Washington: Rising global temperatures, rapidly melting arctic ice and other effects of climate change are posing immediate risks to US national security and military and humanitarian operations, the Pentagon warned Monday.
In a comprehensive report billed as a roadmap for adapting to climate change, the Defense Department said it has begun to boost its "resilience" and ensure mission readiness is not compromised in the face of rising sea levels, increasing regularity of natural disasters, and food and water shortages in the developing world.
"Climate change will affect the Department of Defense`s ability to defend the nation and poses immediate risks to US national security," according to the report.
"A changing climate will have real impacts on our military and the way it executes its missions."
The roadmap aims to adapt to climate change in part by integrating the risks into war games, strategic defense planning and how the military stores and transports supplies.
Defense Secretary Chuck Hagel, speaking at a conference in Peru on Monday, painted a bleak picture of how glacier loss, increasingly violent storms and drought-driven crop failures are already affecting millions of people, and may "trigger waves of mass migration."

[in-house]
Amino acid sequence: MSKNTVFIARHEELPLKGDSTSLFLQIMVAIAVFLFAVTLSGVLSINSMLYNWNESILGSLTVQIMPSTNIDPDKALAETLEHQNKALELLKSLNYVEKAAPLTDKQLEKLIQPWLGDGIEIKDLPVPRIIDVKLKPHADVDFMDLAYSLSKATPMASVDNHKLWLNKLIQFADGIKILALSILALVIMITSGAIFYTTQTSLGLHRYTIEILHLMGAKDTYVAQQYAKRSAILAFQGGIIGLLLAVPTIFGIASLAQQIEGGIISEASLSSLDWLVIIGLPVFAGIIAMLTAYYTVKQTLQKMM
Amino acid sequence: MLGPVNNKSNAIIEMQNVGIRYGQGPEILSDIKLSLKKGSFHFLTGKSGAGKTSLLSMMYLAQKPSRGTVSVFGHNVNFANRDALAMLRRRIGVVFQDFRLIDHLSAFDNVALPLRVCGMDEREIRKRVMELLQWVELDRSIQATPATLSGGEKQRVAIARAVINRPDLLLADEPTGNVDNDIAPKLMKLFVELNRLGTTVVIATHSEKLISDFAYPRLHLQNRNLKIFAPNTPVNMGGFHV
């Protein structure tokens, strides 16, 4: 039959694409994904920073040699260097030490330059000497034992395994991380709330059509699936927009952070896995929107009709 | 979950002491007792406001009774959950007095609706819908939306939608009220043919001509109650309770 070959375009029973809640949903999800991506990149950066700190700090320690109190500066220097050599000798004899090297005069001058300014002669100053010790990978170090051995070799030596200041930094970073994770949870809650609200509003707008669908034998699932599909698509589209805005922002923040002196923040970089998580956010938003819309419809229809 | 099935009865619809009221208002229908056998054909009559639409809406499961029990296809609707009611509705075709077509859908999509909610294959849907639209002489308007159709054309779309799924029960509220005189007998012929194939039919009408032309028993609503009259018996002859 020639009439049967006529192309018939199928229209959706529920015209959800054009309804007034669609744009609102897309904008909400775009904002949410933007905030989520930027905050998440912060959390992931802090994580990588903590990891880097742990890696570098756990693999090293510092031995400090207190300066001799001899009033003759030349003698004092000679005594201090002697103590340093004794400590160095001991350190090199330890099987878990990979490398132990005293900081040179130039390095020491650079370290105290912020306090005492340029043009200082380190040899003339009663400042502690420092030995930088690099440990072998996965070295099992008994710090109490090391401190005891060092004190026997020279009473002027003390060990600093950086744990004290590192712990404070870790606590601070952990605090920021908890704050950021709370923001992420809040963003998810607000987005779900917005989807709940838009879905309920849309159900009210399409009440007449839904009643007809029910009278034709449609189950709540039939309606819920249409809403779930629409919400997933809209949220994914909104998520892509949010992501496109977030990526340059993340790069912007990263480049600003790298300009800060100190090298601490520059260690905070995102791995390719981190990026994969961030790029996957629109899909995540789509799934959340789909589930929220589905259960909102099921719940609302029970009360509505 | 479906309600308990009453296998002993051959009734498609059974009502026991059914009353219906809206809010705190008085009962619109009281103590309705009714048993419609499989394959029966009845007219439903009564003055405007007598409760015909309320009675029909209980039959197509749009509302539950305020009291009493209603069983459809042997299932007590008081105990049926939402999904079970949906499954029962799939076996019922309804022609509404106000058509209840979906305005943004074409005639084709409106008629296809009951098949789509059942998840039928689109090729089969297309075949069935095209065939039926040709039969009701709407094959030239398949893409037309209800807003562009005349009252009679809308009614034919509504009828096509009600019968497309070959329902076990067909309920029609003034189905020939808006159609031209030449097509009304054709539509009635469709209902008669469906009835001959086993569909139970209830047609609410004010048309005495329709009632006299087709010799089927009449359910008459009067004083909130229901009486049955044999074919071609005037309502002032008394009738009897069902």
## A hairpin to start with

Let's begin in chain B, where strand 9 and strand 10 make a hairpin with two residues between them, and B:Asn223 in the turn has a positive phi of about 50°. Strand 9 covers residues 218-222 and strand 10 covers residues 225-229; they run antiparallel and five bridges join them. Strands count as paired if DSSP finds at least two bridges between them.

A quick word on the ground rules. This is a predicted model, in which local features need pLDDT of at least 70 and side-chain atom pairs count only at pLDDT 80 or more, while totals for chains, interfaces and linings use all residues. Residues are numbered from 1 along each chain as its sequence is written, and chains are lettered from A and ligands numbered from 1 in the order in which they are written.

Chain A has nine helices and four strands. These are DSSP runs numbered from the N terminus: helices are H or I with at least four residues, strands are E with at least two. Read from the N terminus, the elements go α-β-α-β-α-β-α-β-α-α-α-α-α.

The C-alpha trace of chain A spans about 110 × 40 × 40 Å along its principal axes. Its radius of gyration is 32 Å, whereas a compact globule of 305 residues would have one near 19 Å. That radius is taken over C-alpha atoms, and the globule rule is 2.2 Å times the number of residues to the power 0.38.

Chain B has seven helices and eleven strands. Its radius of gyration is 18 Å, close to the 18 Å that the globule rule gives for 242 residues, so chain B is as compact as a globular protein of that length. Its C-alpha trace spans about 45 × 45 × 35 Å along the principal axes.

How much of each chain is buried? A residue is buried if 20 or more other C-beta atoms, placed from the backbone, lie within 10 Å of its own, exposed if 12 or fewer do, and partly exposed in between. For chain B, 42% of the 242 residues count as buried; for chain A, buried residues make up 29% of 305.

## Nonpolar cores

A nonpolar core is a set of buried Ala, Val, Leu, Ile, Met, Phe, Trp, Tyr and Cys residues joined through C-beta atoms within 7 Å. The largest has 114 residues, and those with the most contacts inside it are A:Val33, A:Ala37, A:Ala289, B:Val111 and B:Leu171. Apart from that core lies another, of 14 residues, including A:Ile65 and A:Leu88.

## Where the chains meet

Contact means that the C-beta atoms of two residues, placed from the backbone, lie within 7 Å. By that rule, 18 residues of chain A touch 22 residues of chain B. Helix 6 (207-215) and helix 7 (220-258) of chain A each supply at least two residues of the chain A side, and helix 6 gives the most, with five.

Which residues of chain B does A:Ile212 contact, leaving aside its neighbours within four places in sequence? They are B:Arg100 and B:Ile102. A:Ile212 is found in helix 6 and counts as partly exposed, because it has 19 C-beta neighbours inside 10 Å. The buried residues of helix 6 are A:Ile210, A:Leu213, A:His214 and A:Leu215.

"We have already seen these events unfold in other regions of the world, and there are worrying signs that climate change will create serious risks to stability in our own hemisphere," told a conference of defense ministers of the Americas.
"Our militaries` readiness could be tested, and our capabilities could be stressed," Hagel said, adding that the trends "will clearly have implications for our militaries."
"A higher tempo and intensity of natural disasters could demand more support for our civil authorities, and more humanitarian assistance and relief."
The challenges could undermine already-fragile governments and "create an avenue for extremist ideologies and conditions that foster terrorism."
The report said the Pentagon`s "unique capability to provide logistical, material, and security assistance on a massive scale or in rapid fashion may be called upon with increasing frequency" as climate change intensifies challenges brought about by global instability.
The department said part of its mitigation efforts will focus on ways to reduce greenhouse gas emissions.
Hagel pointed to December`s United Nations climate change convention to be held in Lima, and stressed that "defense leaders must be part of this global discussion."